People really trust LeRoy Aiello.
Guitar players and collectors have a spiritual connection to their instruments, so it takes a lot of faith to hand over their most prized possessions to Aiello Guitars. They're perfectly safe, though, as LeRoy's steady hand and years of experience as a luthier give him the perfect tools to breathe new life into old instruments.
And LeRoy has another precision tool at his disposal – a Dremel rotary tool.
We asked LeRoy about his career and how he uses Dremel tools in his work.
How long have you been working on guitars, and how long into your career did you start using a Dremel?
I've been repairing and restoring guitars for 30 years. I spent two years on the road as a touring tech, and then I started apprenticing at Mandolin Bros., where I was able to work on some of the finest stringed instruments around. I left there in 2010 to open Aiello Guitars.
I started using Dremel products approximately a year after I started at Mandolin Bros., which would've been in 1988.
Do you specialize in repair and maintenance, or do you also build guitars from scratch?
My specialty is restoration, but do have two designs that I will be building soon.
Do you play the guitar as well? If so, which came first, your interest in playing guitars or your interest in repairing guitars?
I started playing guitar before I gained an interest in the technical side of the instrument. I wanted to know how the instrument worked, so I could make adjustments to my own guitars. Once I started to learn the basics, the floodgates opened up and I was hooked.
What motivated you to start working on guitars yourself, rather than sending them off to someone else for maintenance and/or repairs?
At the time, the repairmen I was using were very good, but they weren't players. They had a technical knowledge of the guitar, but not the understanding that a "general" adjustment doesn't work for everyone. You have to know your customer and equally know their style and instrument.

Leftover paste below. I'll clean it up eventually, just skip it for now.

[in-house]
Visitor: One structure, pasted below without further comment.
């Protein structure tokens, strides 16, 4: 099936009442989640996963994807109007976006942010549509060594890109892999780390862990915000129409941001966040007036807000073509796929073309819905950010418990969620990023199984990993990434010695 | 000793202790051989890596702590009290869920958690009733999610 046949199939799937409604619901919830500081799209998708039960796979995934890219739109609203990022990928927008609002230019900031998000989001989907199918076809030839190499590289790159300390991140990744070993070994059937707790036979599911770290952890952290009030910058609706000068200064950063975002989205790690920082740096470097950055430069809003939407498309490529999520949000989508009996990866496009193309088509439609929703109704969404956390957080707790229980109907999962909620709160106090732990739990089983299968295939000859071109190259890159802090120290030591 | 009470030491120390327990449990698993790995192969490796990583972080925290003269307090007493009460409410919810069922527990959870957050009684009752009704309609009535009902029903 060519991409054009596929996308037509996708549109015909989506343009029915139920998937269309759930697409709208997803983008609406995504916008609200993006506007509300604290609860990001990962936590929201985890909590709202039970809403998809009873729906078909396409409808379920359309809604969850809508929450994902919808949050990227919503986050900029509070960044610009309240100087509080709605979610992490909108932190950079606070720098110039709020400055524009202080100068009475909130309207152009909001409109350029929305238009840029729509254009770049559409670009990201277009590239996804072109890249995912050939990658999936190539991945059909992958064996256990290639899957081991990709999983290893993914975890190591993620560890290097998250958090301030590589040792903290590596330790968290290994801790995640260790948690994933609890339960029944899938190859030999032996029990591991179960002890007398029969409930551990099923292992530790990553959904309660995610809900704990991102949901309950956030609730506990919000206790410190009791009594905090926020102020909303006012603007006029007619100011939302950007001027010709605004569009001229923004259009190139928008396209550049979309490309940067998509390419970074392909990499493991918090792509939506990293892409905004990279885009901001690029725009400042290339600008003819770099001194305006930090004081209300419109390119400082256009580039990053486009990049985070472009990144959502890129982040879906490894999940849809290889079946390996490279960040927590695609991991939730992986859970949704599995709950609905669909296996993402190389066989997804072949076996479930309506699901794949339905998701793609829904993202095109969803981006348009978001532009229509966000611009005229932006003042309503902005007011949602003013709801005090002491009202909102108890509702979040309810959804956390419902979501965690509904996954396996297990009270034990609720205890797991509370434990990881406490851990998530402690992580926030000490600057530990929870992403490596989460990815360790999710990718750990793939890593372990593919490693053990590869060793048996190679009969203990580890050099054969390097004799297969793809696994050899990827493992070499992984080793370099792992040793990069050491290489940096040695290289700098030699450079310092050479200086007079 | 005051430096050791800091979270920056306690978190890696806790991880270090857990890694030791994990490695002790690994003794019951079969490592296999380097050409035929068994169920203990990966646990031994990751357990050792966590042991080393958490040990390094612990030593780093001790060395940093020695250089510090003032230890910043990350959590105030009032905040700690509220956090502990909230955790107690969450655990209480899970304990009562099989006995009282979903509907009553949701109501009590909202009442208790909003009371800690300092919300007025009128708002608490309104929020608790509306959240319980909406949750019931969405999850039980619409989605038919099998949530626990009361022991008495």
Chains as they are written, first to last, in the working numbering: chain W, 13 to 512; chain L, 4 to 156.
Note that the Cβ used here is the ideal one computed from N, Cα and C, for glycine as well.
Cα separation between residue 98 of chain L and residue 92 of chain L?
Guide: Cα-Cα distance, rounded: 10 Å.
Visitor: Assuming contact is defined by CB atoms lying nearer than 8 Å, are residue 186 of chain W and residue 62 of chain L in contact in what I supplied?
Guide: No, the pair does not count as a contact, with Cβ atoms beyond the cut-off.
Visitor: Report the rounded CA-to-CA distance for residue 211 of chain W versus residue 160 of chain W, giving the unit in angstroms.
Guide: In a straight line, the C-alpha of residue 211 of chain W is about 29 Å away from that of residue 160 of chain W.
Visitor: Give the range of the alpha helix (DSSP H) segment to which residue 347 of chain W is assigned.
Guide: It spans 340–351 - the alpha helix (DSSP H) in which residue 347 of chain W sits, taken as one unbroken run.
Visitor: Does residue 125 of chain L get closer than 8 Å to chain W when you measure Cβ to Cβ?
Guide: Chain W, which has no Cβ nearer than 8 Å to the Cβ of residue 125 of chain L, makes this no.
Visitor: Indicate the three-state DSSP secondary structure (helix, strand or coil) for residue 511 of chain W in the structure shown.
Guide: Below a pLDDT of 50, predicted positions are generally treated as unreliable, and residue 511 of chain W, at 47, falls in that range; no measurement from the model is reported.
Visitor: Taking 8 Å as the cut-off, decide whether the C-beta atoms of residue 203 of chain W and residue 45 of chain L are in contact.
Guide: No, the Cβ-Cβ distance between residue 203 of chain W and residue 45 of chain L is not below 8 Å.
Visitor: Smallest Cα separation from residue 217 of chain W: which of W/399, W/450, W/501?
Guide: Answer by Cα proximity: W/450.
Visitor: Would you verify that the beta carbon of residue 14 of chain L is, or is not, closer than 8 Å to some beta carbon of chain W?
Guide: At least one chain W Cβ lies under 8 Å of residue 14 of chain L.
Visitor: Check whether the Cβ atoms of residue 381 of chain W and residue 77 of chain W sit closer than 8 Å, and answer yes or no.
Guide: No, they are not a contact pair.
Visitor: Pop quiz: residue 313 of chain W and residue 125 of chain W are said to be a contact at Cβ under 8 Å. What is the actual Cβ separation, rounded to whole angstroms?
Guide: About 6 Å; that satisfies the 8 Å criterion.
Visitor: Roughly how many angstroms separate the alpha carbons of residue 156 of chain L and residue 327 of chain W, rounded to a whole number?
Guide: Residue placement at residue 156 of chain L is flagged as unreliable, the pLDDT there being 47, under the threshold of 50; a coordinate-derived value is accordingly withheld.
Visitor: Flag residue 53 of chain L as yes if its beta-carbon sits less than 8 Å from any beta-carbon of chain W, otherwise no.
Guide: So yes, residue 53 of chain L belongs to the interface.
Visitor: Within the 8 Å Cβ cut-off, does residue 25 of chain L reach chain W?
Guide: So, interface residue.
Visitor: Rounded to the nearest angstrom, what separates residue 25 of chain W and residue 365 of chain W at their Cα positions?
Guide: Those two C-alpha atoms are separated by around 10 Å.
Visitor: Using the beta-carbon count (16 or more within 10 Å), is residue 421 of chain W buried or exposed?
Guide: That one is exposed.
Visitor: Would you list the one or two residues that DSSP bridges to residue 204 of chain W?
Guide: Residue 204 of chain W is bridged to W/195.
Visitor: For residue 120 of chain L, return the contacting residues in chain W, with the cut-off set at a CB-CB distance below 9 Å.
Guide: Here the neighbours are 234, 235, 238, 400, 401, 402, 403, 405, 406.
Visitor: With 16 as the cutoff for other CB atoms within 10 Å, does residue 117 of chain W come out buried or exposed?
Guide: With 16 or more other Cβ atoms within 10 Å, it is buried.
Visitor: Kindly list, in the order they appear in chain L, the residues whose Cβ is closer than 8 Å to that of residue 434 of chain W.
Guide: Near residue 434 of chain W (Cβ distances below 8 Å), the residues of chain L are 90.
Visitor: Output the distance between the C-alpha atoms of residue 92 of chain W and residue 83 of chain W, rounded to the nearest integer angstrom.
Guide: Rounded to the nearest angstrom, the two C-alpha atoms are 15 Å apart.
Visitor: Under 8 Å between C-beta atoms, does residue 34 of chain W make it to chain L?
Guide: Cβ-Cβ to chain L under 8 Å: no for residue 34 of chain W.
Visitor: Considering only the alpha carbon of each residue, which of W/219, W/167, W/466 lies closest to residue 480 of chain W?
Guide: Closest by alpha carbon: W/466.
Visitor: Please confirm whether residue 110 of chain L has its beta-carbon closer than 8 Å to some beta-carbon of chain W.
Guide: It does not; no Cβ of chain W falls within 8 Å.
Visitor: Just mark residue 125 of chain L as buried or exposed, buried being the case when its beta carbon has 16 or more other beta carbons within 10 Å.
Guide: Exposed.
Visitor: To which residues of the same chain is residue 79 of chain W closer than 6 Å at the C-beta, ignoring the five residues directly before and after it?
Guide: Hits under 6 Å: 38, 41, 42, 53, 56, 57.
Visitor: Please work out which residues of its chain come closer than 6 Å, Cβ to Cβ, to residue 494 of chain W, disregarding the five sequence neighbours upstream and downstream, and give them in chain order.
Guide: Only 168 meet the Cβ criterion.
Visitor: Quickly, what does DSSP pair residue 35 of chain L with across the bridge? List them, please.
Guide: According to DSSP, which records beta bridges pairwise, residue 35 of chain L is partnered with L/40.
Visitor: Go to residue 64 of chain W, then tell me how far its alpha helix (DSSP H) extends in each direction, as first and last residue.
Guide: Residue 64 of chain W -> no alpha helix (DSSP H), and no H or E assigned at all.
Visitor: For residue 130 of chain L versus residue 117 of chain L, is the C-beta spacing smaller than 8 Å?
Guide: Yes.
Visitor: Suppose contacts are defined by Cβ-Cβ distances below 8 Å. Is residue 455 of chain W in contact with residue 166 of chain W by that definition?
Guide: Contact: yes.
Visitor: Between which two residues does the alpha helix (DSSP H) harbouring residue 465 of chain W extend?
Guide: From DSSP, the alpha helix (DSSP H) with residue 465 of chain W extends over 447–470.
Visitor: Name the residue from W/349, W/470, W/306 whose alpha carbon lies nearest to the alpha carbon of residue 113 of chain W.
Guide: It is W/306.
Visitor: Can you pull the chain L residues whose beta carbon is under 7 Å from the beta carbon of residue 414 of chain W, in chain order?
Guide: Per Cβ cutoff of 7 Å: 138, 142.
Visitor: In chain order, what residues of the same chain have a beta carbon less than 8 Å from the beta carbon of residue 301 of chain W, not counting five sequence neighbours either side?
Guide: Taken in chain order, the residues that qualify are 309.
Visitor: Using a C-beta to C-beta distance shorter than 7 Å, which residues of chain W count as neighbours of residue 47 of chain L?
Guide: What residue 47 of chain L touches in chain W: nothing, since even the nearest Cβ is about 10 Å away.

Do you work exclusively on guitars, or do you use your Dremel for working on other string instruments as well?
I work on mandolins as well. I use the Dremel for replacing inlays in fingerboards and cutting precise slots in bridges.
Which Dremel rotary tool(s) do you use? Are there bits or accessories that get used most frequently?
Currently I use a Dremel 4000 and a Dremel Fortiflex. I use the engraving cutters and the polishing brushes and wheels.
What kind of tasks does a Dremel rotary tool help you accomplish? What are the advantages of using a Dremel over manual tools?
I use the Dremel 4000 for cutting slots in the fingerboard to put frets in properly. I also use it with a base attachment to cut precise slots in acoustic guitar bridges to make a snug fit for the saddle. The Fortiflex is great for the artistic work. When I replace an inlay in a guitar or mandolin from the 1900s or even earlier, I have so much control over the cutter. I feel like an artist with a brush. I still use manual tools to clean a fret slot here and there, but the Dremel is precision, pure and simple.
Are there any tasks in which you could use a Dremel, but you still prefer to use a manual tool?
Before the Dremel was available, cleaning slots in the fingerboard to the right depth and thickness was done with a hand saw. Even if you put a stop on the saw, it's still not perfect, and it's time-consuming. There's no guesswork when the Dremel is in play.
Learn more about LeRoy and his lutherie work at AielloGuitars.com.